Okay, affected means that he's got two copies of the gene that causes vWD, and he may have bleeding complications because of that. In which case, going to a vet who is familiar with vWD patients is the best option. One thing to have done before surgery is a bleeding time test. https://www.vet.cornell.edu/animal-health-diagnostic-center/laboratories/comparative-coagulation/clinical-topics/bleeding-time-tests
 

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Definitely find a vet who knows about Doberman vWD (there are a couple different types in dog breeds—the doberman one tends to be the least severe) and do a consult with him. There are tests that can be done in preparation for a surgery to see whether it is safe to proceed, and some products he can have ready in advance to help him manage any bleeding problems during surgery.

He can also tell you what kind of precautions and preparations you can make for your routine life. For example, you probably should have a first aid kit, specialized a bit for Loki's condition, on hand at all times. And of course, you need to tell any vet who works with him that he is a genetically affected vWD dobe (as opposed to a clinically affected, with overt symptoms.) A positive vWD gene test doesn't necessarily say he WILL have problems bleeding, just that there is more of a likelihood than with non-vWD dogs.
 

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Discussion Starter #31
RLM Loki is 2 weeks more than 1.5 years old at this time.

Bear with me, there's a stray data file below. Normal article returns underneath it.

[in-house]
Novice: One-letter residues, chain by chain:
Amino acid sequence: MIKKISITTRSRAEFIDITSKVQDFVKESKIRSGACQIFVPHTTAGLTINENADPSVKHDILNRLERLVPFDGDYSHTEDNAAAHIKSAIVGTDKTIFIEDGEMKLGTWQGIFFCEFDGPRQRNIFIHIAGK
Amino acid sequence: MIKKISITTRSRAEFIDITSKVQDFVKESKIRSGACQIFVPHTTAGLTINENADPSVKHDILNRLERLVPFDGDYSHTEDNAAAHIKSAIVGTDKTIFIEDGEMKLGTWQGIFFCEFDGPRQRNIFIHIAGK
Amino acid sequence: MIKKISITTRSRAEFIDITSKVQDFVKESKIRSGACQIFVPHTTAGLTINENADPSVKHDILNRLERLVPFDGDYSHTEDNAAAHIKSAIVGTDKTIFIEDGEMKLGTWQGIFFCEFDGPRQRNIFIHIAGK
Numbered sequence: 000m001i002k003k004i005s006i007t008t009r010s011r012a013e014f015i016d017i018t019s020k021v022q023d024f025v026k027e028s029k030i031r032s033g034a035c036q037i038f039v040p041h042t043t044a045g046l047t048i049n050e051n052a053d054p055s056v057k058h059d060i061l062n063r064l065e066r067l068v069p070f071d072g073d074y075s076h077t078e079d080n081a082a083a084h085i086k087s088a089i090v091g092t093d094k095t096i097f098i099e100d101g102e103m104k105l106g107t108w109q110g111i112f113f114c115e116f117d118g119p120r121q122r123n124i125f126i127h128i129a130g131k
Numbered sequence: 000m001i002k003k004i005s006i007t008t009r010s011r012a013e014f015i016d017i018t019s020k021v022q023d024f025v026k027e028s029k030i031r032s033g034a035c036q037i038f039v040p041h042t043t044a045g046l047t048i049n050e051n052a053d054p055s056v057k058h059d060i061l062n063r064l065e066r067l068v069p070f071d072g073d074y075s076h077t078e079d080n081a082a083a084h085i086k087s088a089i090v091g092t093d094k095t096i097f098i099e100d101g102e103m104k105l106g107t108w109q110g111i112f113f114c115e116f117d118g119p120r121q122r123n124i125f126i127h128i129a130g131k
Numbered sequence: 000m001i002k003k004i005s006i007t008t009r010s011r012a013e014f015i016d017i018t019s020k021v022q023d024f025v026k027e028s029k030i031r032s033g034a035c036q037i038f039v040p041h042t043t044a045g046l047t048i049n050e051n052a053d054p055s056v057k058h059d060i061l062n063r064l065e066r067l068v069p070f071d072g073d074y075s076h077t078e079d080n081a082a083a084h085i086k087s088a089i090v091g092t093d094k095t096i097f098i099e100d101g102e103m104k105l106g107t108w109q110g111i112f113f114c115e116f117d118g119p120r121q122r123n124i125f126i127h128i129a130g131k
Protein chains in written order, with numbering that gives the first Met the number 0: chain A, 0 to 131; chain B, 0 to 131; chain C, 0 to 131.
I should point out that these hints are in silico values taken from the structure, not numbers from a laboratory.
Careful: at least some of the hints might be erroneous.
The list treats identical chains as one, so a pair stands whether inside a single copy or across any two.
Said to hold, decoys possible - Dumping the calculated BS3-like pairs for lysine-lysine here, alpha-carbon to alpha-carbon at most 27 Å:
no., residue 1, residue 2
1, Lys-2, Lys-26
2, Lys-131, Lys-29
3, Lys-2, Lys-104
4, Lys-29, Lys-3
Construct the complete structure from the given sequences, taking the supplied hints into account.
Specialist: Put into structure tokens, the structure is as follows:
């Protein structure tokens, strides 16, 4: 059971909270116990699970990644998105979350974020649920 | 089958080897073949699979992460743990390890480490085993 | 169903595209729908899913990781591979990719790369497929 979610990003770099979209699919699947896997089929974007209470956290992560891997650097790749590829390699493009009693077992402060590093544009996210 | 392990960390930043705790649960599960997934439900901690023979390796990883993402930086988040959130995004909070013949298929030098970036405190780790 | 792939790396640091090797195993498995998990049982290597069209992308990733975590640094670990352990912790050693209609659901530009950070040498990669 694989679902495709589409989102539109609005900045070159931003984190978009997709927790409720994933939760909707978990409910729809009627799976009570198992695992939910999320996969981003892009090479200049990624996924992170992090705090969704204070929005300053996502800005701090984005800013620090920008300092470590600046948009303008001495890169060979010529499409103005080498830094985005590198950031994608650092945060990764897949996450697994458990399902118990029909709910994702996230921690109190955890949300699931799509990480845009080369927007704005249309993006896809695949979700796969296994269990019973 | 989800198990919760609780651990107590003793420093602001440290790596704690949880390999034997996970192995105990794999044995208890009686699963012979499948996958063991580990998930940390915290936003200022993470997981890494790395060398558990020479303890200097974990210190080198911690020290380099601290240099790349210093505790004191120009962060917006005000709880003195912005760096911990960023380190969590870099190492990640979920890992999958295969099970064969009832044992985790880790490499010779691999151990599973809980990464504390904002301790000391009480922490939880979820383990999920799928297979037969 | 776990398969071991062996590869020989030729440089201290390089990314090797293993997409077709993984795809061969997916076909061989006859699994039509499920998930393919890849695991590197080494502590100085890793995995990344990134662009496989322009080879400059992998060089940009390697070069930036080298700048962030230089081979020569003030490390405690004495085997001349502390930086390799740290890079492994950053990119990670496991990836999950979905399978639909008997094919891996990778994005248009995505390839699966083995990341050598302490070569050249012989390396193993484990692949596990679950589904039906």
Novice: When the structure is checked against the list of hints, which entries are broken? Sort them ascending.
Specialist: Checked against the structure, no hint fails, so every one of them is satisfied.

I forgot Loki did this:
"He even went under a rose bush or a cactus ( on leash). He was a little frantic because of a dog across the street and I was focused on that too...and he ended up with thorns stuck in his ears, cuts all over his head.... and looking like a war survivor."
He was pretty bloody and coagulated normally. I had had to remove dryness on his ear wound areas to get the thorns removed.
I'd like to not give up feeding the salmon oil. Some info on here says that it is bad for vWD affected dogs. I think it helps his fur. But I suppose I could switch to coconut oil???
Thanks!
 

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Discussion Starter #32
Here we have a copy of the vet neuter estimate.
Loki is doing great, he is over 18 months. His fur is good and his training is happening! We are neutering him. Partly because we would like him registered at county. >>Its so funny on the vet info he is a Dachshund mix @ 90 lbs!!! We have micro chipped him already, and have a donut collar to use so total is 697.00 bucks. I'm not sure if the 1dexxx thing is plasma available??
thank in advance for you help, again, Julia. For your enjoyment Bella and Rott DWTS!!

10/5/2020 Preanesthetic Panel 1.00 $135.00 1.00 $135.00
10/5/2020 NEUTER 75 LBS - 100 LBS 1.00 $250.00 1.00 $250.00
10/5/2020 GABApentin 100mg capsules 1.00 $21.00 1.00 $21.00
10/5/2020 Bupivicaine Block 1.00 $35.00 1.00 $35.00
10/5/2020 IDEXX von Willebrand Factor*┼ 1.00 $231.00 1.00 $231.00
 

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"Its so funny on the vet info he is a Dachshund mix @ 90 lbs!!!

Perfect!

You should keep that erroneous veterinarian documentation is case you ever get caught up in some Breed Specific Bias bull$h***. My son had to jump through hoops to keep his homeowner's insurance, when the company inadvertently found out he owned a Doberman. It took getting his vet on board and sending a rep out to assure them that a mellow 11 yo semi disabled dog was not a threat! Ugh...

John Lichtwardt
Portland OR
 

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Here we have a copy of the vet neuter estimate.
Loki is doing great, he is over 18 months. His fur is good and his training is happening! We are neutering him. Partly because we would like him registered at county. >>Its so funny on the vet info he is a Dachshund mix @ 90 lbs!!! We have micro chipped him already, and have a donut collar to use so total is 697.00 bucks. I'm not sure if the 1dexxx thing is plasma available??